Ophthalmic photographers work in ophthalmic medical centers, and their primary job is to capture close-up images of patients' retinas, corneas, and other ocular structures. These images can be used to diagnose problems and can also be used to document diseases, surgeries, and treatments. They will have to use a variety of specialized equipment like microscopes and cameras to capture two-dimensional and three-dimensional photos. They will have to know how to conduct tests, such as using dye to obtain an angiogram of the eye. They will need to know how to develop exposed film and mount and label slides to be included in a patient's medical chart.
They may also be required to clean and maintain the equipment that they work with. They will have to work very close to the patient and will need to have a calm, reassuring manner. This is so they can instruct the patient's gaze and ensure that they obtain the necessary results. They should have a strong attention to detail so that they can easily detect differences in patients' eyes and find correct diagnoses. An ophthalmic photographer works with technology, so they should be comfortable using computers and other digital equipment.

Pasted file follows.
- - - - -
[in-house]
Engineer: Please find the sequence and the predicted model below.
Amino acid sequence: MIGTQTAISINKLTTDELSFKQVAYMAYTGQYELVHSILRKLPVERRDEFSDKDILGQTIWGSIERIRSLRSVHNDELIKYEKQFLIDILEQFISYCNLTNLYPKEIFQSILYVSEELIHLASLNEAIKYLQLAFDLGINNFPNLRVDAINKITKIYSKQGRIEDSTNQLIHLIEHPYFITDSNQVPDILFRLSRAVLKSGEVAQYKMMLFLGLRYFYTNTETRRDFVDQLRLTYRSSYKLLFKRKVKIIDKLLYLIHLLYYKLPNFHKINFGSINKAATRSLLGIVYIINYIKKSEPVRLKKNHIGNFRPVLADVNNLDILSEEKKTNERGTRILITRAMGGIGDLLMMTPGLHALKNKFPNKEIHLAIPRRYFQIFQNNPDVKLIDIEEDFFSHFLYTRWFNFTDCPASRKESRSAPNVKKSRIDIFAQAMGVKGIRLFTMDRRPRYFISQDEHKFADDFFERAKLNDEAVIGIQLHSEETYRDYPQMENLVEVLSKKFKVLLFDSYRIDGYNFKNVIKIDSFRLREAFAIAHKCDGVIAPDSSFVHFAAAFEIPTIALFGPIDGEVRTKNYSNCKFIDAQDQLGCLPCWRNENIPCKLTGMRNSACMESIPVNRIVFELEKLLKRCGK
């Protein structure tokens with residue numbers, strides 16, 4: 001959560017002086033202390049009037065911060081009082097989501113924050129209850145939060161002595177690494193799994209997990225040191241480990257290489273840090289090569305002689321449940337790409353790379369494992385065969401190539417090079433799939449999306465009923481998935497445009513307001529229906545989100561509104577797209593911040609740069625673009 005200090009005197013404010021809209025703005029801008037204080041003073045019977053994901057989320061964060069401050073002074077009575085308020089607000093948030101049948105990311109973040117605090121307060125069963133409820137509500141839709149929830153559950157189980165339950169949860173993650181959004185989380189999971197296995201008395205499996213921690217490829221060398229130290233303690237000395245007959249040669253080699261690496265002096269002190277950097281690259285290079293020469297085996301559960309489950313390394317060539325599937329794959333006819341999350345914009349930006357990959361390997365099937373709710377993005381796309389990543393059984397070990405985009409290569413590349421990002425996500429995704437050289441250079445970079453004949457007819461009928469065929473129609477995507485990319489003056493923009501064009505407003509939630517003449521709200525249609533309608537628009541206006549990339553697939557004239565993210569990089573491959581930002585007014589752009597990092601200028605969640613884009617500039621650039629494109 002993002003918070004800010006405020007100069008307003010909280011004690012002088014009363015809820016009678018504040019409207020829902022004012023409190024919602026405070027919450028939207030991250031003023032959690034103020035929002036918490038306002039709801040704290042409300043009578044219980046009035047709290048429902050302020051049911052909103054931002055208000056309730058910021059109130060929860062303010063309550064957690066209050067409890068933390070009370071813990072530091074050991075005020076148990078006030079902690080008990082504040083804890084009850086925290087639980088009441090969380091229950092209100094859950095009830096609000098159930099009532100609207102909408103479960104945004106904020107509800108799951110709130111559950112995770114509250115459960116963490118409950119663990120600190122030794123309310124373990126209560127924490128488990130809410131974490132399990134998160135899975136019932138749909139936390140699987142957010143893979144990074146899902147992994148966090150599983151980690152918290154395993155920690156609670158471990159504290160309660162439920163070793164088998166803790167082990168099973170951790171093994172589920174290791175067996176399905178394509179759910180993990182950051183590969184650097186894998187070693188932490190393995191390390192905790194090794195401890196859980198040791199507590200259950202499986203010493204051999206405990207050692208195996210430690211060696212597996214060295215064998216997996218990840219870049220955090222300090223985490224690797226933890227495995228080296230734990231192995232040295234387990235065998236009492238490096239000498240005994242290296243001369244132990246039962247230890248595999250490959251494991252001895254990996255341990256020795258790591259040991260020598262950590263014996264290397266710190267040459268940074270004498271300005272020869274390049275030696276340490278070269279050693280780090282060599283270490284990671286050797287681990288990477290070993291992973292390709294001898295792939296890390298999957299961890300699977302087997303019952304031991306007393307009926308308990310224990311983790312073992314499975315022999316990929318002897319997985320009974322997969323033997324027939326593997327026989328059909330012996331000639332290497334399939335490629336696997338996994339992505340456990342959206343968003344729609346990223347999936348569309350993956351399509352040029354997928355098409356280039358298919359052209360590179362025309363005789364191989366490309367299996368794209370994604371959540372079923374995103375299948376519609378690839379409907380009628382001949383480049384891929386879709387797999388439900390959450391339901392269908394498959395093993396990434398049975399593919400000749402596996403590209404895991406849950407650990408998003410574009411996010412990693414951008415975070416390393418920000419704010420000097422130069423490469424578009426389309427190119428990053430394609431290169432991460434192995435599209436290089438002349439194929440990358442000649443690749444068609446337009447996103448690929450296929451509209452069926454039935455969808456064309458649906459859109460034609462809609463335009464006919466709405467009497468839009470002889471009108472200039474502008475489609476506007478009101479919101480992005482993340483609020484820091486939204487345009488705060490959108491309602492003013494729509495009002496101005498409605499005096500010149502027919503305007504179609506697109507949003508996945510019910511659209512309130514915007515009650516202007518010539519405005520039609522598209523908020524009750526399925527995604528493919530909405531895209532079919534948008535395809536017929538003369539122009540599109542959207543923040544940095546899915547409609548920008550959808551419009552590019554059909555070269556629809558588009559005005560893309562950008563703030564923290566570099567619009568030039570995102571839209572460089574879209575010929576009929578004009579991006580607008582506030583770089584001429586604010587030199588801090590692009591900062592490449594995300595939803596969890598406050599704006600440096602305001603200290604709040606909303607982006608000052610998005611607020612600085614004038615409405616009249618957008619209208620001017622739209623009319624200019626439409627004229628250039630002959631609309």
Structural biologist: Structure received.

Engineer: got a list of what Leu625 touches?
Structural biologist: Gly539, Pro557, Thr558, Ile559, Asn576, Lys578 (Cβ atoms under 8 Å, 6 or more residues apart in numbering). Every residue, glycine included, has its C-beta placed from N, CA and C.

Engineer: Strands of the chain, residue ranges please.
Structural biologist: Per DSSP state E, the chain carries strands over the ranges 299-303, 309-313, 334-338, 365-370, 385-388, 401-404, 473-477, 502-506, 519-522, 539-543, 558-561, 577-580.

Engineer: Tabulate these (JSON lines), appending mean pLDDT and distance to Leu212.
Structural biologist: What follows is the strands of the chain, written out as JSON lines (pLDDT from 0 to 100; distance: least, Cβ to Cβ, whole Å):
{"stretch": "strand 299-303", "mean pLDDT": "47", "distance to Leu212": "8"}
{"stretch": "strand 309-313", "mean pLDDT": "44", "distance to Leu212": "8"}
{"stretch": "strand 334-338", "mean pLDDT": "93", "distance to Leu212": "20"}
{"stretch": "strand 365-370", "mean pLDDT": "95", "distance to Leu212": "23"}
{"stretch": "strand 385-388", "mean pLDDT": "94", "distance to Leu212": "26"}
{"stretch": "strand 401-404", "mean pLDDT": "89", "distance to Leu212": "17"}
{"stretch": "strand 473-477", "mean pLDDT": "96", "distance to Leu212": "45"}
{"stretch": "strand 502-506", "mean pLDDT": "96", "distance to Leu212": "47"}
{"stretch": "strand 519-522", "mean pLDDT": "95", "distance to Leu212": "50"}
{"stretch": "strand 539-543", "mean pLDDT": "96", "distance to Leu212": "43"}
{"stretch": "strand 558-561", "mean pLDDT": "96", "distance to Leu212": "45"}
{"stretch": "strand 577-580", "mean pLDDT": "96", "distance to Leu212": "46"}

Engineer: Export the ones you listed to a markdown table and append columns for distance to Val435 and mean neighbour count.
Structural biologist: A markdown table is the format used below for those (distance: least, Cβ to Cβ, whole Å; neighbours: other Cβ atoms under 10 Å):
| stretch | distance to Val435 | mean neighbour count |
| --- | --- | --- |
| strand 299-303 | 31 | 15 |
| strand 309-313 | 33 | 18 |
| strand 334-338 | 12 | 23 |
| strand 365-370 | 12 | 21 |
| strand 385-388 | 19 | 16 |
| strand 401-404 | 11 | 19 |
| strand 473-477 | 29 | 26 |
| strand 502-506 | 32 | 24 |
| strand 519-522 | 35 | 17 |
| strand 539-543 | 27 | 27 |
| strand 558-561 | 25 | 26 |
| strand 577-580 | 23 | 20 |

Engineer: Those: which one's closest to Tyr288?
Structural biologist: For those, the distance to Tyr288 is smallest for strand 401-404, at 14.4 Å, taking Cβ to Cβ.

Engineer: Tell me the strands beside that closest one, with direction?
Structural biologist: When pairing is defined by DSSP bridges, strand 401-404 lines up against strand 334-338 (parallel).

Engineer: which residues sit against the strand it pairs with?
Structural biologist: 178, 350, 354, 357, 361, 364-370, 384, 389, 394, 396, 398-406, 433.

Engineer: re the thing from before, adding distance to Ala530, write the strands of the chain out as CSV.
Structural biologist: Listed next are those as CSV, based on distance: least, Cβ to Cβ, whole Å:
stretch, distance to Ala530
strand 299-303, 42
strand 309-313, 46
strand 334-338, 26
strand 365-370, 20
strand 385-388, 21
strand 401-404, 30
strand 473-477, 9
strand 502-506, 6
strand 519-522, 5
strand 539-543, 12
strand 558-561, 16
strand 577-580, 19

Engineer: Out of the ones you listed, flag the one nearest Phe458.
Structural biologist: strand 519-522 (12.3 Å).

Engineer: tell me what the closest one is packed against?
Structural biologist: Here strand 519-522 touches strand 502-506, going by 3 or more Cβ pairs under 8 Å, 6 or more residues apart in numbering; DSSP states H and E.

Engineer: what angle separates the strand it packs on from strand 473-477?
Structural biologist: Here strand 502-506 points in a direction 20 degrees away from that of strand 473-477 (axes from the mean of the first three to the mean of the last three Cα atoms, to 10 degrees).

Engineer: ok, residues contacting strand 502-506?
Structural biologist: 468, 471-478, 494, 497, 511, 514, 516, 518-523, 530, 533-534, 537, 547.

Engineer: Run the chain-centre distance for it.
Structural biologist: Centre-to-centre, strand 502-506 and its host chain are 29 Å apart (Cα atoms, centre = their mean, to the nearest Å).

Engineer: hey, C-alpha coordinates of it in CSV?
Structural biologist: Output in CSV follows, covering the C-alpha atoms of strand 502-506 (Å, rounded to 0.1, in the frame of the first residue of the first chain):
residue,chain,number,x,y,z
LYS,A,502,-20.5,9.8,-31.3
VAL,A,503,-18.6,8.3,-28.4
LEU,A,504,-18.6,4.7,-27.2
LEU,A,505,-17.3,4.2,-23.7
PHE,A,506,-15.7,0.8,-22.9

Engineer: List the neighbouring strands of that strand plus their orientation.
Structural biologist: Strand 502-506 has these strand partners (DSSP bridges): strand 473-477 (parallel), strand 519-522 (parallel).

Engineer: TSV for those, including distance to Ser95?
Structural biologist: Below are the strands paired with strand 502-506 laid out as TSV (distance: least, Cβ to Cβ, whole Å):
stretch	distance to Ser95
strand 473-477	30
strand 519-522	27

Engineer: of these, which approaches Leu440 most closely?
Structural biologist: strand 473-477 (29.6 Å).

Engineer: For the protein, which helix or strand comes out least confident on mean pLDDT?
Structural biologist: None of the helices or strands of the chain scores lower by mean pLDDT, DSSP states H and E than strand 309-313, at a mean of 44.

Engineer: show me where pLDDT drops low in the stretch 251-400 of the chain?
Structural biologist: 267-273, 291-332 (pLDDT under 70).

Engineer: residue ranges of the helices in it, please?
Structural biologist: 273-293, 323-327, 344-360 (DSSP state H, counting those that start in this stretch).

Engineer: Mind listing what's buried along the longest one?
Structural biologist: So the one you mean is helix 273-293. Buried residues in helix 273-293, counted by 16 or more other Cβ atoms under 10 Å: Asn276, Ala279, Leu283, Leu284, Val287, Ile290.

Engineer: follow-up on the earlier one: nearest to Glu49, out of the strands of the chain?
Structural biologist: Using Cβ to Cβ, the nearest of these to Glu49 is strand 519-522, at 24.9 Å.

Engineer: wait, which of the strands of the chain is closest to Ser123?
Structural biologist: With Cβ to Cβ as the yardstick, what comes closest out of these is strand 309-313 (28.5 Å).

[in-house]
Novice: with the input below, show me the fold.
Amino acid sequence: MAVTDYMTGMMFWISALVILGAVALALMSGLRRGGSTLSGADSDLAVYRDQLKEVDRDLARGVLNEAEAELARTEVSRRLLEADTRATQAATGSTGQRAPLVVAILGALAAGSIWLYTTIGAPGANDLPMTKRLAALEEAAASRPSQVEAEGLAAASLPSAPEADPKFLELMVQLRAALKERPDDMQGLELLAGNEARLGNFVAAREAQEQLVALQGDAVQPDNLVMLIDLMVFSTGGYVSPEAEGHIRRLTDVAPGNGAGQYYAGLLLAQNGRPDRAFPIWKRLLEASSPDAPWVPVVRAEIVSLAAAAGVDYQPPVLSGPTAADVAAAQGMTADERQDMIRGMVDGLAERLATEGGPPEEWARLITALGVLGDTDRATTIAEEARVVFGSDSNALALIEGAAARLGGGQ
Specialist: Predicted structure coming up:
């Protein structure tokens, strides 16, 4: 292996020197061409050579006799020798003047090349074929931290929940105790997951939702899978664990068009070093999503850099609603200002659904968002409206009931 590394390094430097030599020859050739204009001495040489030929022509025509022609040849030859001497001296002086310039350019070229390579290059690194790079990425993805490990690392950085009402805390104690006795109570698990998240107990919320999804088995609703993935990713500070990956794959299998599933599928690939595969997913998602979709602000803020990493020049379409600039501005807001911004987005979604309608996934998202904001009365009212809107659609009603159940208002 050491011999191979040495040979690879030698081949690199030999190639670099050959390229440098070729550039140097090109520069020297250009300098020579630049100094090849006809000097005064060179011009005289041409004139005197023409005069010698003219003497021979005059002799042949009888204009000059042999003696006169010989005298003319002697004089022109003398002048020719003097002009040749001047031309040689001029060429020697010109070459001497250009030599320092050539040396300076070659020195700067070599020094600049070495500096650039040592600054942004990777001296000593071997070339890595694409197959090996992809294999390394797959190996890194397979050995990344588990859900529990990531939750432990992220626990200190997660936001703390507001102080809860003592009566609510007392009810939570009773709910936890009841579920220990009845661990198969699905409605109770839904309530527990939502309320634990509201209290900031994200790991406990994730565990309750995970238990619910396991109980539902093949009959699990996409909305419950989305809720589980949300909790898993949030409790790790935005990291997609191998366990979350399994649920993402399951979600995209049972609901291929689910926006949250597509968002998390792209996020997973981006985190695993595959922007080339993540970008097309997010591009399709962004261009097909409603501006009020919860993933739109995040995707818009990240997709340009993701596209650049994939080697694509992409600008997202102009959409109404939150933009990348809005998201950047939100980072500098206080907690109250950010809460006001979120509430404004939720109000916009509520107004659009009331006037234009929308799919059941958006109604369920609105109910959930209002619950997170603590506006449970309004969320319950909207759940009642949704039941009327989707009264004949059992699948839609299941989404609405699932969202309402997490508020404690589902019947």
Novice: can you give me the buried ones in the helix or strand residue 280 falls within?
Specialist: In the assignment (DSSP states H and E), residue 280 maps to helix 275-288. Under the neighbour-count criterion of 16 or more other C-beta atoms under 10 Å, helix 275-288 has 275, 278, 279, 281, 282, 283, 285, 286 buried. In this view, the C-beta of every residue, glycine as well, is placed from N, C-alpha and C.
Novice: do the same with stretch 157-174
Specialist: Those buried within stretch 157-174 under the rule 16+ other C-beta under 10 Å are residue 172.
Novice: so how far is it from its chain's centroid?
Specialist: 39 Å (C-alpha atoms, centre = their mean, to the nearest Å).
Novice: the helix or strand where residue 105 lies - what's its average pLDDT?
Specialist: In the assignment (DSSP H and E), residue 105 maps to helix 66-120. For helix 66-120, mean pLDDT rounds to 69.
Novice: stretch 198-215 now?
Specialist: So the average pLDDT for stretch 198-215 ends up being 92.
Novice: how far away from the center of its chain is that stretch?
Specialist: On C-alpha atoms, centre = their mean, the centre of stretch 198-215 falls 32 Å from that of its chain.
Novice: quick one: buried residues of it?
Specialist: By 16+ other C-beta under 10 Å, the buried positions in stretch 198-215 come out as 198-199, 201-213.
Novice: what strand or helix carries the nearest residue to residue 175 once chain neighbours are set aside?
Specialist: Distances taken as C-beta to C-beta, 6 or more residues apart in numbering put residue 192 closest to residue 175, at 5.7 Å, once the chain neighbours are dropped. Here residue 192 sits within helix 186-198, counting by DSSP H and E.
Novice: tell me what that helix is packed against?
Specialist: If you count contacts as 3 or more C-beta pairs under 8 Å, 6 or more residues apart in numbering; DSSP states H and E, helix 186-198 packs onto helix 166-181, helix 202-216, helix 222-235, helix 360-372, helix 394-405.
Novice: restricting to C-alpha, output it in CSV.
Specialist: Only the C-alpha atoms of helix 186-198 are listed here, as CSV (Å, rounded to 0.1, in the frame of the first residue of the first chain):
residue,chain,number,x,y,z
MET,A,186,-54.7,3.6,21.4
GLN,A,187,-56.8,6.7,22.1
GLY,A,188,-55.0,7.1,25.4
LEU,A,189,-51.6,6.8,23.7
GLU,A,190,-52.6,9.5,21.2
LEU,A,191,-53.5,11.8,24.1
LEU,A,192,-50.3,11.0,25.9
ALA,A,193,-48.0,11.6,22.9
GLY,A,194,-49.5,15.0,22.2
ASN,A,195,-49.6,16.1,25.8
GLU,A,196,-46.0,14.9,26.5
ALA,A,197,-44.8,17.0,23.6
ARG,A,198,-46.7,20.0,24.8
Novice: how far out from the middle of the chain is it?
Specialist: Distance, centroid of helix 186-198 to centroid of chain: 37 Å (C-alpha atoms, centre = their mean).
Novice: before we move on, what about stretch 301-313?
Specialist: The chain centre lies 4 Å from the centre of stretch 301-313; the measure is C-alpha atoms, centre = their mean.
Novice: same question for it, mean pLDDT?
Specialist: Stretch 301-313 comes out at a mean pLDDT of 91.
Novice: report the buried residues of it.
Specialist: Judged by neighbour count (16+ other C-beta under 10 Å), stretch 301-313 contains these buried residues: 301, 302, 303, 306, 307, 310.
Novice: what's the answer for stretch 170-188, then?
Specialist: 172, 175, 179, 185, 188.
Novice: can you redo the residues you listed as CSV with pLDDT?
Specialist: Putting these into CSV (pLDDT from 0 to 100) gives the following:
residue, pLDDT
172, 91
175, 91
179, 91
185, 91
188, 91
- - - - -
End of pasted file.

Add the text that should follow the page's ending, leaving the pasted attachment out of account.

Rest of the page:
There is no formal training program for ophthalmic photographers, but there are many programs in ophthalmic technology that include photography in their curricula. It is also possible to learn on the job or in medical programs. Obtaining an associate's degree in ophthalmic technology will teach other useful skills that could be applied on an ophthalmologist's team, which makes an applicant especially appealing.
Ophthalmic Photographer Tasks
Administer contrast medium into patient's eye region for diagnostic purposes.
Monitor patients' conditions and reactions, reporting abnormal signs to physician.
Operate imaging equipment to produce images of blood vessels of the eye.